This leads me to the question of how I usually discover whether or not a non-Jewish wedding partner is a fellow traveler. These days I am a "freelance," rather than a congregational, rabbi. The couples that come to me, such as the two I just mentioned, consist of people I did not know before. How, then, can I be so sure that such individuals as Jeff and Jamie are fellow travelers? How do I know, for instance, they are not only requesting a Jewish wedding to placate their future spouse's Jewish parents?

The short answer is that I cannot be sure, any more than I can be certain that the marriages of these young people will last throughout their lifetimes. But I can take an educated guess about any "mixed" couple that comes before me, and I do so first and foremost by speaking to both of them. I never say yes to a wedding request without an interview. In a face-to-face interaction with a couple I can usually sense, though tone as well as specific words, when the non-Jewish partner is not comfortable with the idea of founding a Jewish home. I always ask this partner the obvious question: Do you feel attached to the faith in which you grew up? I follow up this question with more specific ones such as: How would you feel if your child is not baptized? What might it be like for you to have a home in which Jewish, not Christian, holidays are observed? How does your family feel about your marrying a Jewish person, and if the feelings are negative, does this have a large impact upon you (I offer the question in reverse to the Jewish partner)?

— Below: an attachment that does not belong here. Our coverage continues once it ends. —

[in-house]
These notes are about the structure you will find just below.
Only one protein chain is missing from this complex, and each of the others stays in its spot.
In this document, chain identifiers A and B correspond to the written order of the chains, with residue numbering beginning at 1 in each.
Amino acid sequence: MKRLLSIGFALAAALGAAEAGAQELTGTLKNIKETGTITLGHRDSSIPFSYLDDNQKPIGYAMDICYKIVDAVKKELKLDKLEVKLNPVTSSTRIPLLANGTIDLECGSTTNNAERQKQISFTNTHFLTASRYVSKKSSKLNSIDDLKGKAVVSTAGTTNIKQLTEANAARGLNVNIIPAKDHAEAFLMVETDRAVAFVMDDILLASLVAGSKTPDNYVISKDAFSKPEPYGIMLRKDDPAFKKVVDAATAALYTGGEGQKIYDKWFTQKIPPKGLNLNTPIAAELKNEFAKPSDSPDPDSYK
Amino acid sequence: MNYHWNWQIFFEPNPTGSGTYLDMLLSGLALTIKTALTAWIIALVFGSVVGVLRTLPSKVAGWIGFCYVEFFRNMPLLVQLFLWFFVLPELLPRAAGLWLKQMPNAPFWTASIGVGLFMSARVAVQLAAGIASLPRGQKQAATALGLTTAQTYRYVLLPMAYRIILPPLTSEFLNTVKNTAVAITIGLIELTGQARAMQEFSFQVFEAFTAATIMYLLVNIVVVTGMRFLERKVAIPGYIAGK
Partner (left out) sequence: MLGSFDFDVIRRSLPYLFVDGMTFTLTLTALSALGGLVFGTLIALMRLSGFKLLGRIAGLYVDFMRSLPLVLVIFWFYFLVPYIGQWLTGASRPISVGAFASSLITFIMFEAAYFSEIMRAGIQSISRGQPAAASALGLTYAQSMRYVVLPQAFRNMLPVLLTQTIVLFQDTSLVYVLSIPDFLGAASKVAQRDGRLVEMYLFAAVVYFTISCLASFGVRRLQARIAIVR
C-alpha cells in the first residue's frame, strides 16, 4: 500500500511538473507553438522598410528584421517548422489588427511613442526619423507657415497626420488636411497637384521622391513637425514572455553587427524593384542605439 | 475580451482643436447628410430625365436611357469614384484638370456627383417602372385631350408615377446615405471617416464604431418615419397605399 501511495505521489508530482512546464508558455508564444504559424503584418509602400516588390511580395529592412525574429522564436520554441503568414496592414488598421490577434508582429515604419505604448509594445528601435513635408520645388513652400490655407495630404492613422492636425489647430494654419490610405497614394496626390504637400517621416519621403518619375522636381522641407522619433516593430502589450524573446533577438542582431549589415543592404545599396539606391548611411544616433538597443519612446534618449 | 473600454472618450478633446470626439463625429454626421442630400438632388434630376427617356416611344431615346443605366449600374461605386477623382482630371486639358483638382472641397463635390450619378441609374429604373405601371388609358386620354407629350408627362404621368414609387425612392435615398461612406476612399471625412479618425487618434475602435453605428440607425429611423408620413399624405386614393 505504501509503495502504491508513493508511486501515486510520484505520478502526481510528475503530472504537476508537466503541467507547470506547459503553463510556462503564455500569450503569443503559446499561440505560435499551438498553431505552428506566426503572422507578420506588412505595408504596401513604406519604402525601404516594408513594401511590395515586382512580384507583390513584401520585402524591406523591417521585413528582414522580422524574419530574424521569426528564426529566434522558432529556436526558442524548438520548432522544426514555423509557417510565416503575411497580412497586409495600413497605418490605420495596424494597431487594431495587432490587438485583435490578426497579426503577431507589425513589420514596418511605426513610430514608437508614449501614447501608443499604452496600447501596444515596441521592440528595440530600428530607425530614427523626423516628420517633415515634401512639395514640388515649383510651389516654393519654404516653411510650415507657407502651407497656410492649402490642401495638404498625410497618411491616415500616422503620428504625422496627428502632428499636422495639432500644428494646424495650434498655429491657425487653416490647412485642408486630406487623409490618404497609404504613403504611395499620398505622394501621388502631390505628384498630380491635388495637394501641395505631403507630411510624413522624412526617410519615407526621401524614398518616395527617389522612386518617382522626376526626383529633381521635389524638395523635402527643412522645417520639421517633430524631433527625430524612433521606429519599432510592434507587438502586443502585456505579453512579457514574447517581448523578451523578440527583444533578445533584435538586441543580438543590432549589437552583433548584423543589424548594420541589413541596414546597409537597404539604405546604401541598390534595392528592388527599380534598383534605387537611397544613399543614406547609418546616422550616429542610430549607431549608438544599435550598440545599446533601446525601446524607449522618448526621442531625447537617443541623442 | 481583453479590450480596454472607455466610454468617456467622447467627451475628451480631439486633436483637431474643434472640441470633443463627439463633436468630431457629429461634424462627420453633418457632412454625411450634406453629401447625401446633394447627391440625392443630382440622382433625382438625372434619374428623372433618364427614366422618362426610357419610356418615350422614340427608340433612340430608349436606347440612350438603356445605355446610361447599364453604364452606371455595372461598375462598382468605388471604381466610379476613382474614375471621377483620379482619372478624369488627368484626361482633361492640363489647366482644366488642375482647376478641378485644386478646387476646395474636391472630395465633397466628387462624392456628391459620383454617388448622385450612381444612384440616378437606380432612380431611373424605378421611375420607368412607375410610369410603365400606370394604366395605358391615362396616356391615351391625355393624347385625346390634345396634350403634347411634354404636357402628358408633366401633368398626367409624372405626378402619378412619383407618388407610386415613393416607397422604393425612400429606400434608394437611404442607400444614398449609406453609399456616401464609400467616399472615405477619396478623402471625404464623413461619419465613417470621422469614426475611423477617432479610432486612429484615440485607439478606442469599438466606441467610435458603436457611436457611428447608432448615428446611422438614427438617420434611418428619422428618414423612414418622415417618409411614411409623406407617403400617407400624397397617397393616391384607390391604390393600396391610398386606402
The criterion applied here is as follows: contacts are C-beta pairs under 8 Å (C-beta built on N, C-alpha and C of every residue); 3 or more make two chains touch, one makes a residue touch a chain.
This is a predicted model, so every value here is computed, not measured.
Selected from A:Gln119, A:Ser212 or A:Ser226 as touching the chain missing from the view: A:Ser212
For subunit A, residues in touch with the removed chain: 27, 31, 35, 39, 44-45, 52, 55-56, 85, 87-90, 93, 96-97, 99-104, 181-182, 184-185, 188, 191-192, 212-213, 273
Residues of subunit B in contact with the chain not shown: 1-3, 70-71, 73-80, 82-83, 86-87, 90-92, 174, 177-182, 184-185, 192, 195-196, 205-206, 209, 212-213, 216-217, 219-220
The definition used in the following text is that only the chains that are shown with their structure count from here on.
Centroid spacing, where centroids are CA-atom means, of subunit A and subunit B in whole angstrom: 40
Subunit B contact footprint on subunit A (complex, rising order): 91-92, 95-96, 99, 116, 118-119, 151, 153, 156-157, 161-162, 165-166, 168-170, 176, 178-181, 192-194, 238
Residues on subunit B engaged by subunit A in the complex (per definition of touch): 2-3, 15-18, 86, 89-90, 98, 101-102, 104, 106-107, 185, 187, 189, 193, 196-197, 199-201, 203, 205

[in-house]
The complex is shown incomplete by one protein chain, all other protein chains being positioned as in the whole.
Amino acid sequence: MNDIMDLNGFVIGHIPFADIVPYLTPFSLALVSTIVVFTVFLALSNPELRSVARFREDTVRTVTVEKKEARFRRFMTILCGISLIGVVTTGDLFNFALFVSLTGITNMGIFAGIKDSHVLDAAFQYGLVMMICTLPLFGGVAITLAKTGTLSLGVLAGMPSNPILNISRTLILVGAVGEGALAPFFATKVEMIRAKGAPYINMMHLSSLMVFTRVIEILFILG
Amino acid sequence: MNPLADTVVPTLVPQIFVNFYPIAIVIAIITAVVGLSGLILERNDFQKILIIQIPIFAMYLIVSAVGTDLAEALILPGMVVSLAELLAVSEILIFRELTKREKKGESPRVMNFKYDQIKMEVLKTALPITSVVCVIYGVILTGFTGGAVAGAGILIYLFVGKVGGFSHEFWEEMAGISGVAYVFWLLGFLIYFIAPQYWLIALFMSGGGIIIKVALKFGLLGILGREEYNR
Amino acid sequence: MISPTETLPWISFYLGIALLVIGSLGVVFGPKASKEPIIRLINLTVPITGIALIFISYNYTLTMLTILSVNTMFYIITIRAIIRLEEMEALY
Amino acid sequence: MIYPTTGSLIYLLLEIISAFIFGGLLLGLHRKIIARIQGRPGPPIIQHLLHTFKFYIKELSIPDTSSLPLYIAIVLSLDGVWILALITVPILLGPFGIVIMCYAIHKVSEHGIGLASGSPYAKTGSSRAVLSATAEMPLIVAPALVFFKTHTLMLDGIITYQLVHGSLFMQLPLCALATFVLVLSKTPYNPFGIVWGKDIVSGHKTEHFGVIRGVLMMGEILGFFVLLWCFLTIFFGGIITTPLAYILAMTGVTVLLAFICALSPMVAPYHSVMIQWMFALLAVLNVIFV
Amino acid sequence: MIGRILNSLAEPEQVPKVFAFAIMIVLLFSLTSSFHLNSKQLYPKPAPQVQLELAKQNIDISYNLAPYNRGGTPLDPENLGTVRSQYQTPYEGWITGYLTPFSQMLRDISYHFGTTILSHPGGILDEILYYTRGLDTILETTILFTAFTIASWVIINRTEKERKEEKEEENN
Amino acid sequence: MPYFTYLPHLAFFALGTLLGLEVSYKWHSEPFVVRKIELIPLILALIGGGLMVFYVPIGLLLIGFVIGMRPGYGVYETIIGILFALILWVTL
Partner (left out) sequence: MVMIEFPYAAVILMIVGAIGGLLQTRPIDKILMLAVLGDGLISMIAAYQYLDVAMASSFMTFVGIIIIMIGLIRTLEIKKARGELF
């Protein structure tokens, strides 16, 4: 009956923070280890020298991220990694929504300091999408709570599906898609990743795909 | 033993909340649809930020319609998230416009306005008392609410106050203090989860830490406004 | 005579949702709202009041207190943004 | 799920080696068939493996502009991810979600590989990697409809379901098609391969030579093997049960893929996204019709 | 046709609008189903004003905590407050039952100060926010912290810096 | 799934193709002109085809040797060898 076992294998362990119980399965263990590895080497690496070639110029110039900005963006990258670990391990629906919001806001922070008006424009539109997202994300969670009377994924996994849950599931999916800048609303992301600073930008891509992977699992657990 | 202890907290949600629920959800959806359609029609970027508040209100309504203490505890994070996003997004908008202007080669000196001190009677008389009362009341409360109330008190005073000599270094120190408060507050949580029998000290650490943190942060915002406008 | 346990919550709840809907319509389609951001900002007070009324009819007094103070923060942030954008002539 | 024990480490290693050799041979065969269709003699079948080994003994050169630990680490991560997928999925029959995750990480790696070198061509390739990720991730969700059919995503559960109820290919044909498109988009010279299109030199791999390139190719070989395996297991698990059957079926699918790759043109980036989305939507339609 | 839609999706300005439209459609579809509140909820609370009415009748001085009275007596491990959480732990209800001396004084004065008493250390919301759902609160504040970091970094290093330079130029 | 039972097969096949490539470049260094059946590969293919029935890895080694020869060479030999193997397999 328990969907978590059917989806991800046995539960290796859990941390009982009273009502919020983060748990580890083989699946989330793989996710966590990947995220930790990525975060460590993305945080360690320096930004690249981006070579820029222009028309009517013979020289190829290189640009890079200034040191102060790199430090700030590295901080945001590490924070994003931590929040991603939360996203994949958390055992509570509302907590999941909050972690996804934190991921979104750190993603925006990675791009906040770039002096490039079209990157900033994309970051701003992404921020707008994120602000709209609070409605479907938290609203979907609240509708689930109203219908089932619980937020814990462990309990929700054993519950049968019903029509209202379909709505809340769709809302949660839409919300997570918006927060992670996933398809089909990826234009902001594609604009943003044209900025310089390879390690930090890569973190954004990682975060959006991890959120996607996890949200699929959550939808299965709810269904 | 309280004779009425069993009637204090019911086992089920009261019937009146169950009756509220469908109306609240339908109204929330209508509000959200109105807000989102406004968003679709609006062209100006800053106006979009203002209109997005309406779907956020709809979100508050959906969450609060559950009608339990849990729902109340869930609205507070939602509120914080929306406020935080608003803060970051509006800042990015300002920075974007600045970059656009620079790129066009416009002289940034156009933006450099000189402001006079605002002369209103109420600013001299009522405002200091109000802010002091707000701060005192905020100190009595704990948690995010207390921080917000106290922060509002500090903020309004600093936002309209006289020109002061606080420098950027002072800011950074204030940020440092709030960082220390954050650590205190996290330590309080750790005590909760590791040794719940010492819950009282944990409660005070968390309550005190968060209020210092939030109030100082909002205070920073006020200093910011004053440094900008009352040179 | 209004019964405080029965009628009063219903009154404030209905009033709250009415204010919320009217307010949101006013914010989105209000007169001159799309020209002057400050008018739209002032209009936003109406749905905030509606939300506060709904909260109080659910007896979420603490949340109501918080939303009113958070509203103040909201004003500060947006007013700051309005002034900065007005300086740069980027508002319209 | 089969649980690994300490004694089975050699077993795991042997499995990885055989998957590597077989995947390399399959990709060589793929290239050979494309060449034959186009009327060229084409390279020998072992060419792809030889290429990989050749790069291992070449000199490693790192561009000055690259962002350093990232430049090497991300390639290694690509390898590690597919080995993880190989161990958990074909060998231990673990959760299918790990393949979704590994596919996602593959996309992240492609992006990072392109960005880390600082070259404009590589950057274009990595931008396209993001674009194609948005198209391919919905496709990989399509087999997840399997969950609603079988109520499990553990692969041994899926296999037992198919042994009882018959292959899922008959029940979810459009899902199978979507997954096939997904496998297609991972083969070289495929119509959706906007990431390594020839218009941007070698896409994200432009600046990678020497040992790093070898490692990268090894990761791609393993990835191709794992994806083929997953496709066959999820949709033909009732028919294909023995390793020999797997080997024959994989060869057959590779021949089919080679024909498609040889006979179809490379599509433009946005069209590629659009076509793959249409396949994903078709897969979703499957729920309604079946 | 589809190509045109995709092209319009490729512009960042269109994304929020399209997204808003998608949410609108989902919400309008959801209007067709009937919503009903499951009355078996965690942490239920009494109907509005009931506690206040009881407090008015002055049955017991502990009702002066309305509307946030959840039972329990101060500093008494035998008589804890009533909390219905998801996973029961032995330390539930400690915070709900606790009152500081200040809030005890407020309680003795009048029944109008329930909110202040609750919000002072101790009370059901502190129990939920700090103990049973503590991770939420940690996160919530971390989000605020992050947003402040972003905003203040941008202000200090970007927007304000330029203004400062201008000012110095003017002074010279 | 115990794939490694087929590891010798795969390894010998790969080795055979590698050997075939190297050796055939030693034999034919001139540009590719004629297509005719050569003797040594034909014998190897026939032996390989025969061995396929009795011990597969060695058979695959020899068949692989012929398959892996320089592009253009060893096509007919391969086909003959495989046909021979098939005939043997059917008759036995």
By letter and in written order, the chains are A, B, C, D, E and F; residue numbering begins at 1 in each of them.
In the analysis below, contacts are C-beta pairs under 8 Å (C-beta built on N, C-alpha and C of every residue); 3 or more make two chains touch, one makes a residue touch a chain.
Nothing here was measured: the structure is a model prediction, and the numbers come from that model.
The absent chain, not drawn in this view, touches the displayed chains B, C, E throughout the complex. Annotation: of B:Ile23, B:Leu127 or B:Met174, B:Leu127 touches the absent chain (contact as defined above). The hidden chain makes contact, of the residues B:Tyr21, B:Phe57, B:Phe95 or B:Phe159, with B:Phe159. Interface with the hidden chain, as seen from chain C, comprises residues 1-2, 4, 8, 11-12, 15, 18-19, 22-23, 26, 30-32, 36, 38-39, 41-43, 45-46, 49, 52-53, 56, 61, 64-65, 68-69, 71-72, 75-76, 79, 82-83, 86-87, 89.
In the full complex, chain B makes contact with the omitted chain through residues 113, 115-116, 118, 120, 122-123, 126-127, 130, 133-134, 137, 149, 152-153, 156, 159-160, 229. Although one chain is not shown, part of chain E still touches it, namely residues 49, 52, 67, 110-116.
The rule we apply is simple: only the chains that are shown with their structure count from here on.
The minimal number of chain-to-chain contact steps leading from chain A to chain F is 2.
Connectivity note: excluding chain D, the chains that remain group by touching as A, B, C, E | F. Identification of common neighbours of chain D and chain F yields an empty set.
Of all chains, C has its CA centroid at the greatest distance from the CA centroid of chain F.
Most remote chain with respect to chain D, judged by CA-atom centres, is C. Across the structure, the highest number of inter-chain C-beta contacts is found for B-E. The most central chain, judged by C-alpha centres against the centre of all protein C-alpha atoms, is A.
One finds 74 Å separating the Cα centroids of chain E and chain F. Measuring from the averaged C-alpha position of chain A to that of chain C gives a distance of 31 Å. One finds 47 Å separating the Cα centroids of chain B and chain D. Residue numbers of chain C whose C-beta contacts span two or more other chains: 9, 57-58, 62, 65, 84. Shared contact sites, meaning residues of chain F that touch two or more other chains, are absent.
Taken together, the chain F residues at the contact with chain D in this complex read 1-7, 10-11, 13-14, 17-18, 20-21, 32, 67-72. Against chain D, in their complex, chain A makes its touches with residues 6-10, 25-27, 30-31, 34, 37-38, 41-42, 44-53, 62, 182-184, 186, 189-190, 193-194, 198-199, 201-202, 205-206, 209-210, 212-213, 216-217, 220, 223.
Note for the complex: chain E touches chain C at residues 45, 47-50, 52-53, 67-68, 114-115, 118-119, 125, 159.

Can people lie? Certainly. But they are usually honest regarding such an intensely personal issue as their own wedding. Even when they are not forthcoming, it is not hard for me to sense discomfort and evasiveness. If that unease seems very significant, I feel that it is my responsibility to say no. It is my task, I always explain, to avoid creating discord. It is also my job to make sure that a given Jewish wedding represents a happy and appropriate Jewish act.